The Precious Metals Week in Review
April 13th, 2017
1. The holiday schedule for Easter resulted in a shortened trading week. It was news-heavy, despite the short week, as geopolitical tensions continued to escalate around the globe.
2. The number of Americans filing initial claims for state unemployment benefits slipped by 1,000 claims from the previous week’s revised figure to a new level of 234,000 for the week ending April 8. The previous week’s data was revised higher by 1,000 claims making the true move in claims essentially a net zero for the week. The four-week moving average of claims dropped by 3,000 to a new level of 247,250 from the previous week’s revised average.
3. Noted hedge fund manager Leon Cooperman wrote in an April 7 letter to clients that “It is time for the U.S. equity market to rest”. He further went on to say that he expects that the stock market will be “trendless/uninteresting at around current levels for a number of months”, apparently due to continued geopolitical risk and the possibility that President Trump and the Republican-led Congress might not be able to see past their differences to be able to make any progress on his economic agenda.
4. In an interview with the Wall Street Journal this week, President Trump said “I think our dollar is getting too strong, and partially that’s my fault because people have confidence in me. But that’s hurting—that will hurt, ultimately”. President Trump also seems to have softened his stance on Janet Yellen in her role as Fed Chairman, based on comments made during the interview. Diane Swonk, CEO of DS Economics, commented on the interview, saying “If any of [Trump’s] budgets are really realised, they’re deficit-inducing and he wants to keep interest rates low. Any president that’s wanted to keep interest rates low has ended up with a lot of inflation, like Truman, Johnson and Nixon”.
5. Geopolitical uncertainty surged this week in the aftermath of last week’s missile attack on Syria and rising tensions between the U.S. and North Korea. The U.S. military announced on Sunday that it had sent a carrier strike force group into the waters off the Korean Peninsula. According to a U.S.-based satellite analysis group called 38 North, Kim Jong-un’s regime may be preparing to conduct a 6th nuclear test, possibly as early as this Saturday. Shawlin Chaw, senior analyst at Control Risks, told CNBC this week that “It is highly likely that North Korea would engage in some form of provocation, [such as] another missile launch or even a sixth nuclear test, on or around April 15. The DPRK has stated it is ready for war in response to the U.S. show of force this week and will most likely use the politically sensitive date to retaliate and reinforce its legitimacy with its own people”. April 15 is a significant date in North Korea, as the country celebrates the birthday of Kim Il-sung – the grandfather of Kim Jong-un. The date is usually marked by parades and drills that display military hardware and North Korea’s anger over the incoming carrier force could mean a more potent display than usual.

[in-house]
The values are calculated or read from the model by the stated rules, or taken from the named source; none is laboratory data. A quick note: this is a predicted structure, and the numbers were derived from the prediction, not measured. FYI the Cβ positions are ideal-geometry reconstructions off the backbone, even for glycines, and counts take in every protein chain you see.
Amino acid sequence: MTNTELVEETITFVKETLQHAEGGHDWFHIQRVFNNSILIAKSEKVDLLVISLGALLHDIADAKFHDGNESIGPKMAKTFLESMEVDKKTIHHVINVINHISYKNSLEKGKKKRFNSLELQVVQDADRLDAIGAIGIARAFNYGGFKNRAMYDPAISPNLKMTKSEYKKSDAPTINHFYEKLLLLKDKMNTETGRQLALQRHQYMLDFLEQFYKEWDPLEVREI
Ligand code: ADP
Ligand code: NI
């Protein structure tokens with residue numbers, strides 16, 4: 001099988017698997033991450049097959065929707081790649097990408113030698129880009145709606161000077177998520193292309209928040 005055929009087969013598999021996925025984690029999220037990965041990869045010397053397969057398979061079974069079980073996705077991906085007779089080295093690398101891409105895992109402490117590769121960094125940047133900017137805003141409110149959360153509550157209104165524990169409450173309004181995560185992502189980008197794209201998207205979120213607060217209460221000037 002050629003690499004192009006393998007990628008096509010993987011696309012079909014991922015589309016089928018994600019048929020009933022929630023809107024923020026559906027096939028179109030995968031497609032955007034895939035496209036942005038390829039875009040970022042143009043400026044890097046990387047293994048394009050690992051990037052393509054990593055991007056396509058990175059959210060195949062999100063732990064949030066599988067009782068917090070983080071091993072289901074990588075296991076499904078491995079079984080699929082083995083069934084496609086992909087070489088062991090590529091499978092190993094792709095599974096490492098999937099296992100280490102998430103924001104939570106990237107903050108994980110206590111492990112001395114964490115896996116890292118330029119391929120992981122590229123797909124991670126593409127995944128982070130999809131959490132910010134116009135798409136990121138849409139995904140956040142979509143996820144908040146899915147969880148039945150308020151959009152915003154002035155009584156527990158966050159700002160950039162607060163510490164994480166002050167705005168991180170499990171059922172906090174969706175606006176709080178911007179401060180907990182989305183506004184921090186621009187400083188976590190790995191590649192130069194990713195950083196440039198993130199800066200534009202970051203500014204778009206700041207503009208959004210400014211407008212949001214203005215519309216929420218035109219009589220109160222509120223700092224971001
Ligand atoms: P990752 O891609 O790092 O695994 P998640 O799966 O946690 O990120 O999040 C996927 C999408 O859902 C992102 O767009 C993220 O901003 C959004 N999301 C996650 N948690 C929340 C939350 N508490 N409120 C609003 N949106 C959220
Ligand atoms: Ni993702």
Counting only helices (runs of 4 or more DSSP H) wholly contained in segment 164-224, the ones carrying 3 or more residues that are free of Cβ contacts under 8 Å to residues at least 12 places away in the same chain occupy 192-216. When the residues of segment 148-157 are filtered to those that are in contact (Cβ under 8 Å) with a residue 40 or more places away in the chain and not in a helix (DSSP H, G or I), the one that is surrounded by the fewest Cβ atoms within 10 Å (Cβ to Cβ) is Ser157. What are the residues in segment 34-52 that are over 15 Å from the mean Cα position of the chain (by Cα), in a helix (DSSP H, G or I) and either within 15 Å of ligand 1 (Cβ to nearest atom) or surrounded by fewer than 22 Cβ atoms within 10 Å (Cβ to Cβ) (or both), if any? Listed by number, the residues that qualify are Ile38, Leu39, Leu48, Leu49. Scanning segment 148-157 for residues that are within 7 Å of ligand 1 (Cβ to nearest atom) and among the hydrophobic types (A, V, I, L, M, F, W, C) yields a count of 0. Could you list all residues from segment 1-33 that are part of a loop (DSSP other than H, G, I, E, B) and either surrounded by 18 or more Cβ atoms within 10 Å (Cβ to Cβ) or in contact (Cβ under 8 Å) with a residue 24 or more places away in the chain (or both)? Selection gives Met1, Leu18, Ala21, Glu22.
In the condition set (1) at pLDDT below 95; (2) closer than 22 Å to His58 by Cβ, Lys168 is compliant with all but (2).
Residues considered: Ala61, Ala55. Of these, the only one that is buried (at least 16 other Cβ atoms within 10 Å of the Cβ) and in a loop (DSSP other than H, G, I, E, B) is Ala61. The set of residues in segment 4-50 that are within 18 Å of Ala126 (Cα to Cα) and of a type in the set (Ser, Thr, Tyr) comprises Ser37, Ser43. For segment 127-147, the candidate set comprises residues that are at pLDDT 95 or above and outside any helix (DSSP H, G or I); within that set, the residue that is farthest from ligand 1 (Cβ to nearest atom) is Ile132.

6. U.S. Secretary of State Rex Tillerson flew to Moscow this week to meet with President Vladimir Putin and Sergey Lavrov, Tillerson’s Russian equivalent. Tillerson said at a press conference following his meetings that the two countries had agreed that terrorists should be removed from Syria and that North Korea should be denuclearised. There was apparently no agreement over precisely who was behind last week’s chemical weapons attack in Syria. The U.S. has widely blamed Syrian President Bashar Al-Assad for the attack, while Russia maintains that the rebels in Syria staged the incident to falsely place blame on Assad. Russia continues to support the legitimacy of Al-Assad’s regime and view last week’s missile launches by the U.S. as an “unlawful” attack.
7. Japanese Prime Minister Shinzo Abe commented on Thursday, to a parliamentary panel on national security and diplomacy, that he believed North Korea may be capable of firing a missile containing Sarin nerve gas towards Japan. The comments come at a time when a U.S. carrier strike force heads into the region, and when concerns are rising that North Korea may be advancing its Submarine Launched Ballistic Missile program faster than previously expected.
8. In Turkey, voters head to the polls this weekend to vote in a referendum on a new draft constitution. The change would dramatically increase the powers of current president Recep Tayyip Erdogan. A “yes” vote in the referendum would shift Turkey from a parliamentary to a presidential republic, placing significantly more power and additional influence into the hands of Erdogan, who aggressively cracked down on Turkish citizens in the wake of a recent failed coup attempt.